Happy December! A wonderful way to begin your holiday season is by reading Samatha Silva’s fictional biography Mr. Dickens and His Carol. Silva is a writer, screenwriter and a lover of Dickens. She calls the book a fan letter to Charles Dickens. She has taken liberties for sure, but in the most delightful way. She writes in the Author’s Notes, “This is a work of fiction. It is spun out of threads from the lives of Charles Dickens, his family and friends, and even a nemesis or two. It is meant to be a playful reimagining…I have twisted, embellished, and reordered the facts…nearly all the characters are based on real people…Most of the rest I made up from whole cloth.” Anthony Doerr, author of All The Light We Cannot See, writes, it “is a charming, comic, and ultimately poignant story about the creation of the most famous Christmas tale ever written. It’s as foggy and haunted and redemptive as the original; it’s all heart, and I read it in a couple of ebullient, Christmassy gulps.” Sums it up beautifully!
The redemptive theme of the original tale is evident in Silva’s remake. Life offers all of us opportunities to redeem ourselves and certainly gives Ebenezer Scrooge a chance. It is a New Testament theme at play. Charles Dickens is ahead of his time culturally with his concern for the plight of the working poor and of children being tossed to and fro by societal ills. The Industrial Revolution in England occurs earlier than in the US, and the cracks in society are already apparent to Dickens and other British progressives. Dickens himself experiences some of this in his own life. At the age of 12, Dickens’ father is put in debtors prison, and Dickens is forced to sell his beloved books and go to work in a shoe blackening factory. As an adult, he visits Field Lane Ragged School and other schools established for the hundreds of London’s street children. Dickens is very sensitive to the injustices to and sufferings of these children. He is an avid walker, taking nightly walks of 15-20 miles through the streets and alleys of London. He writes in his head while walking, and thus captures the haunted fogginess of London with his words.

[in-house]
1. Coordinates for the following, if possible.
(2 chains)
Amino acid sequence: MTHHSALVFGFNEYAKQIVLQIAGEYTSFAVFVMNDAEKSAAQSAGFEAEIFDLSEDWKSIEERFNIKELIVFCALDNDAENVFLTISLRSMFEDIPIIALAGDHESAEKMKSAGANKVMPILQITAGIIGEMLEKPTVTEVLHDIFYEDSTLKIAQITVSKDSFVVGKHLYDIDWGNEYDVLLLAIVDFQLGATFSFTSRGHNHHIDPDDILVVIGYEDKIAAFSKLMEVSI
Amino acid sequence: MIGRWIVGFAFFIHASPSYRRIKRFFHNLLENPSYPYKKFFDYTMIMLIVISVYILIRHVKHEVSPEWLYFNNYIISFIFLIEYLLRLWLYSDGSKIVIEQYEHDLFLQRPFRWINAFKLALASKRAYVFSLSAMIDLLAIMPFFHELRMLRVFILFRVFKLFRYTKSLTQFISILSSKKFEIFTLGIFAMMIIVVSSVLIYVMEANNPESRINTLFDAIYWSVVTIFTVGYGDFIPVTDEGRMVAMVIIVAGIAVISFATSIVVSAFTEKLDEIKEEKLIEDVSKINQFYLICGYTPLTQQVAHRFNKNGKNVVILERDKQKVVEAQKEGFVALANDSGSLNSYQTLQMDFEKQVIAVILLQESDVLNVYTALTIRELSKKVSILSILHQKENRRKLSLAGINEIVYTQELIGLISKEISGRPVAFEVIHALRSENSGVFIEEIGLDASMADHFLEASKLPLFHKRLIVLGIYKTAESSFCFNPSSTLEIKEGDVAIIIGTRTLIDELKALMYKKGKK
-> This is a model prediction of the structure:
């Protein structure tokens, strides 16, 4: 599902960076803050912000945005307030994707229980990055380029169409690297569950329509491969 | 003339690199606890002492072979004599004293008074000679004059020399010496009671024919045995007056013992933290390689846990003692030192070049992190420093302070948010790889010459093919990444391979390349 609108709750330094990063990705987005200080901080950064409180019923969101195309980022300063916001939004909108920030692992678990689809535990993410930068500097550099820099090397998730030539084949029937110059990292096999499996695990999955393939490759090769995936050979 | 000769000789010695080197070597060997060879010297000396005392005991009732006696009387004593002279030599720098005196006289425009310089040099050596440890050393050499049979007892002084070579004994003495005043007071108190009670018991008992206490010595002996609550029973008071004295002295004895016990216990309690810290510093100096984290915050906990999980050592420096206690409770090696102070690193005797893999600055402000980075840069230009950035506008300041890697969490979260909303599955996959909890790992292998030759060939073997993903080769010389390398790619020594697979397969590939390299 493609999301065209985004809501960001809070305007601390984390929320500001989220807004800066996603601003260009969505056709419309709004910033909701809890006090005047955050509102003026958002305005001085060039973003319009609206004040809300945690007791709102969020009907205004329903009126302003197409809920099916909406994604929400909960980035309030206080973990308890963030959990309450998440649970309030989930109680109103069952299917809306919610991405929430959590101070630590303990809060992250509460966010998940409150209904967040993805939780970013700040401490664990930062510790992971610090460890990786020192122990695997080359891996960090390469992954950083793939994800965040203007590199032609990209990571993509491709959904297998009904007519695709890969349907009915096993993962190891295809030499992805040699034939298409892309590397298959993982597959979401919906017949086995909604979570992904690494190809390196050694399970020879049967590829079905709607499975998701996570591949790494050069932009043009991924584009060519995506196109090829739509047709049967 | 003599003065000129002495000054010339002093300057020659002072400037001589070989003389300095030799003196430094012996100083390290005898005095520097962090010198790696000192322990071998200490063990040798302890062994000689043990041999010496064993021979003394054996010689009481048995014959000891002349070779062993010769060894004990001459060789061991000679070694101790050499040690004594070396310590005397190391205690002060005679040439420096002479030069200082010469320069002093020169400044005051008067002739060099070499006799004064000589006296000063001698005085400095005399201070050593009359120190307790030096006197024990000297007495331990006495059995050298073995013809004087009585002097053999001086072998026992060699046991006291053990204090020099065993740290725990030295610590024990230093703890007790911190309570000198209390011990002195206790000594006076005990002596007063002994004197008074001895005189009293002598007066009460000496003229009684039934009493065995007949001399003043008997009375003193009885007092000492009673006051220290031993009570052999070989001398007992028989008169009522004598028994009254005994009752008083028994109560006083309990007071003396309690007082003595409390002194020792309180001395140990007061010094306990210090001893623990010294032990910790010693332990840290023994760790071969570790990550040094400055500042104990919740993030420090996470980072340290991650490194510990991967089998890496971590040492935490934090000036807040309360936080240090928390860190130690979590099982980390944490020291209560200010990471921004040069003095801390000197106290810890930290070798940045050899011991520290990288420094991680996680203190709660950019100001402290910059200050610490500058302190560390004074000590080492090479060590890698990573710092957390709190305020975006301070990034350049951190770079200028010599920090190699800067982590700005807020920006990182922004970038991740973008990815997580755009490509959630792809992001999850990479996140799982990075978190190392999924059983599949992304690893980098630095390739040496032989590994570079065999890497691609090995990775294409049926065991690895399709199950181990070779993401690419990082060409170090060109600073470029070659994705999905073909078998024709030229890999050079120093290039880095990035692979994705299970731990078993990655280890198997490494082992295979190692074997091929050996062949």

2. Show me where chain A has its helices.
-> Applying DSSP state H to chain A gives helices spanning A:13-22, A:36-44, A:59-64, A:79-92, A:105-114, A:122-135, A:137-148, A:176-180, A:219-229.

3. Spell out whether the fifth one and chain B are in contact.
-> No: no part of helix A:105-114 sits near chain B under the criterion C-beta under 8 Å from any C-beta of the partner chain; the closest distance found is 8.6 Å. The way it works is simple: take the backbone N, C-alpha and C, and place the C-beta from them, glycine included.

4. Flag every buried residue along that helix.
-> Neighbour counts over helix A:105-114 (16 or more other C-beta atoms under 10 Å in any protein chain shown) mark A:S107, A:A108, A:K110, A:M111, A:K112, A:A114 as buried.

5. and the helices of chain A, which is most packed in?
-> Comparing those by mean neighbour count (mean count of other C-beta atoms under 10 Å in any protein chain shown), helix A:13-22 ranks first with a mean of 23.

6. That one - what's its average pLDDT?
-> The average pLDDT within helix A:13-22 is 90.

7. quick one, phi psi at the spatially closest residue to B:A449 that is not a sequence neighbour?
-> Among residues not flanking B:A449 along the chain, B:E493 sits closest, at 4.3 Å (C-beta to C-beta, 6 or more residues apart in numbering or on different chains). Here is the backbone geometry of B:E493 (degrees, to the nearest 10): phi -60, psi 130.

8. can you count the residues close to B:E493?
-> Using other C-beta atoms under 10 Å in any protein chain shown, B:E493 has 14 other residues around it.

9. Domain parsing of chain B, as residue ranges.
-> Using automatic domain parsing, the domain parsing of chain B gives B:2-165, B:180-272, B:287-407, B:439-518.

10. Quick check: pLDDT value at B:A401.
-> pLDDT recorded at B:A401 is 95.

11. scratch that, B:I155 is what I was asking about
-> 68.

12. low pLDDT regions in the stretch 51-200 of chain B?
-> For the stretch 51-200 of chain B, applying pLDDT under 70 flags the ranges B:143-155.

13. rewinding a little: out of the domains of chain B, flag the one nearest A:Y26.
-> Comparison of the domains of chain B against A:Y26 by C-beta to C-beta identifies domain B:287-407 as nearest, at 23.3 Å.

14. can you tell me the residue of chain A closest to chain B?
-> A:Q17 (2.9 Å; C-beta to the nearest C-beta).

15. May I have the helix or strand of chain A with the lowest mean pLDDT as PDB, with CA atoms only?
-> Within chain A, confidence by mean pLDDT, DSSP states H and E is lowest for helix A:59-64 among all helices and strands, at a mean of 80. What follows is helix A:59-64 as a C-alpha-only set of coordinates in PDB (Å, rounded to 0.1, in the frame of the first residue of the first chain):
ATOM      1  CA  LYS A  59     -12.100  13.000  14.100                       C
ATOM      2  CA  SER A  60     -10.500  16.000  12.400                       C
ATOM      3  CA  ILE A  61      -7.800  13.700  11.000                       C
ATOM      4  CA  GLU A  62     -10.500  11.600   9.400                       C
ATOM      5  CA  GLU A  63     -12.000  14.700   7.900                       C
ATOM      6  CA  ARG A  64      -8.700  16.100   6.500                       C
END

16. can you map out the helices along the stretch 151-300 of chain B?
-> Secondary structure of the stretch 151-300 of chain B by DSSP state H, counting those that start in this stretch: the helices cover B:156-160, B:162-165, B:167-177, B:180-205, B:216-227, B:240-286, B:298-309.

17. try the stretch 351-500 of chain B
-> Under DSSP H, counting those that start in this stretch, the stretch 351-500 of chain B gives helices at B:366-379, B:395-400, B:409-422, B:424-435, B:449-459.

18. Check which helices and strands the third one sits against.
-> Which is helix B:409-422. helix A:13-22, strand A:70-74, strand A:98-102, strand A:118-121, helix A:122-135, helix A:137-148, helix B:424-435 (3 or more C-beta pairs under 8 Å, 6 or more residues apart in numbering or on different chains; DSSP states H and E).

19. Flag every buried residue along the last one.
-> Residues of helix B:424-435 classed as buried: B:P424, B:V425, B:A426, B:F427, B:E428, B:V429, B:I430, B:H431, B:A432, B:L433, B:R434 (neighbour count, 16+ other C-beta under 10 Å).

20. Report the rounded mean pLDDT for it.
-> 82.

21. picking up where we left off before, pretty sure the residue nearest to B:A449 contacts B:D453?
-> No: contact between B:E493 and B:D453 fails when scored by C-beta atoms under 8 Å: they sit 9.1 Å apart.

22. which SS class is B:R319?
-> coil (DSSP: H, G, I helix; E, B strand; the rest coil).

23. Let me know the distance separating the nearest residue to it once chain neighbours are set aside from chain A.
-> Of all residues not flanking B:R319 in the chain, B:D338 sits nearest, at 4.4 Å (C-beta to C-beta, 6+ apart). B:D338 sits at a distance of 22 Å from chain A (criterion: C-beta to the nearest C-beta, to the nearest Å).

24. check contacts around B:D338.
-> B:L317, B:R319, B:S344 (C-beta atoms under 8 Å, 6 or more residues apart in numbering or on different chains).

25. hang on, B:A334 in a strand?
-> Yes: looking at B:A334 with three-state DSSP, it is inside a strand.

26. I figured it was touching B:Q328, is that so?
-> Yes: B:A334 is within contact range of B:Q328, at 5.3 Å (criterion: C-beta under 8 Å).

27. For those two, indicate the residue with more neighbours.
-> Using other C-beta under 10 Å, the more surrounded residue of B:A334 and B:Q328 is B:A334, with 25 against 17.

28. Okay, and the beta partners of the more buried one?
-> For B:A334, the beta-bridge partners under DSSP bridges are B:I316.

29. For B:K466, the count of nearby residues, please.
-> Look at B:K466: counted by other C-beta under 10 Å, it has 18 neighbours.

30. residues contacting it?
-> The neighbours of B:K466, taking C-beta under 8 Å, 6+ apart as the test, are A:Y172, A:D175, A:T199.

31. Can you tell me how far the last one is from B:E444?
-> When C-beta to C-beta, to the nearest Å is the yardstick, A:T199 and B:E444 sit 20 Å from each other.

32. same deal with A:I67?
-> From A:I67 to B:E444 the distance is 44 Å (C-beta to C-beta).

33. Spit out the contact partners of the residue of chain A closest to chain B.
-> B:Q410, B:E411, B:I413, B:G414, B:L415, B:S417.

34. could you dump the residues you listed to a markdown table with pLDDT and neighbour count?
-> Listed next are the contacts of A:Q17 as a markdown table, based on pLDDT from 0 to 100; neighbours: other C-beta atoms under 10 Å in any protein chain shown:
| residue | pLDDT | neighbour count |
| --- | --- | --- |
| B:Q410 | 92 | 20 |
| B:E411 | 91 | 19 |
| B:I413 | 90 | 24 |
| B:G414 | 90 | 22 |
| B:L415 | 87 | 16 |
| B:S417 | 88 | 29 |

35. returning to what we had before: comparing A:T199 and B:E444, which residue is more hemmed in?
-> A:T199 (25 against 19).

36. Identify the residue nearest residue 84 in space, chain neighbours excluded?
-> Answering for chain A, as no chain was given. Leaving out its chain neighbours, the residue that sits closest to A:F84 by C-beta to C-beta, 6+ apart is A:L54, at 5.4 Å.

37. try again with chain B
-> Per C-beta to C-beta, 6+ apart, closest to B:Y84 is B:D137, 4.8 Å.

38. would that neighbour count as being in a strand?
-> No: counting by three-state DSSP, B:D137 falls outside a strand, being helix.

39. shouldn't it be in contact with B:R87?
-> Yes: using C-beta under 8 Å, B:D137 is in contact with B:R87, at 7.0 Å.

Dickens writes his tale in six weeks in 1843. He is financially strapped at the time because his latest work is not selling well. He has written three Christmas tales before this one and writes four more afterward. A Christmas Carol is first published December 19, 1843 and sells 6000 copies by Christmas Eve of that year. By December 1844, thirteen more editions are released. It has never been out of print. In early 1844, a British magazine attributes a rise in charitable giving to Dickens tale. Beginning in 1849, Dickens begins giving public readings of his Christmas tale to packed houses which proves to be very profitable. He continues this tradition until 1870, the year of his death.
So begin this season with first reading Silva’s heartwarming retelling and then move on to rereading the original tale. We all need reminders to live with our hearts and arms wide open in making the world a better place. To misquote Mother Theresa, if you can’t help a 100 people, then help one. Silva writes, “I hope this is a book about Dickens as much as it’s a book about all of us…I’m keenly aware that a good biography tells us the truth about a person; a good story, the truth about ourselves. That, I think, is what Dickens did best.”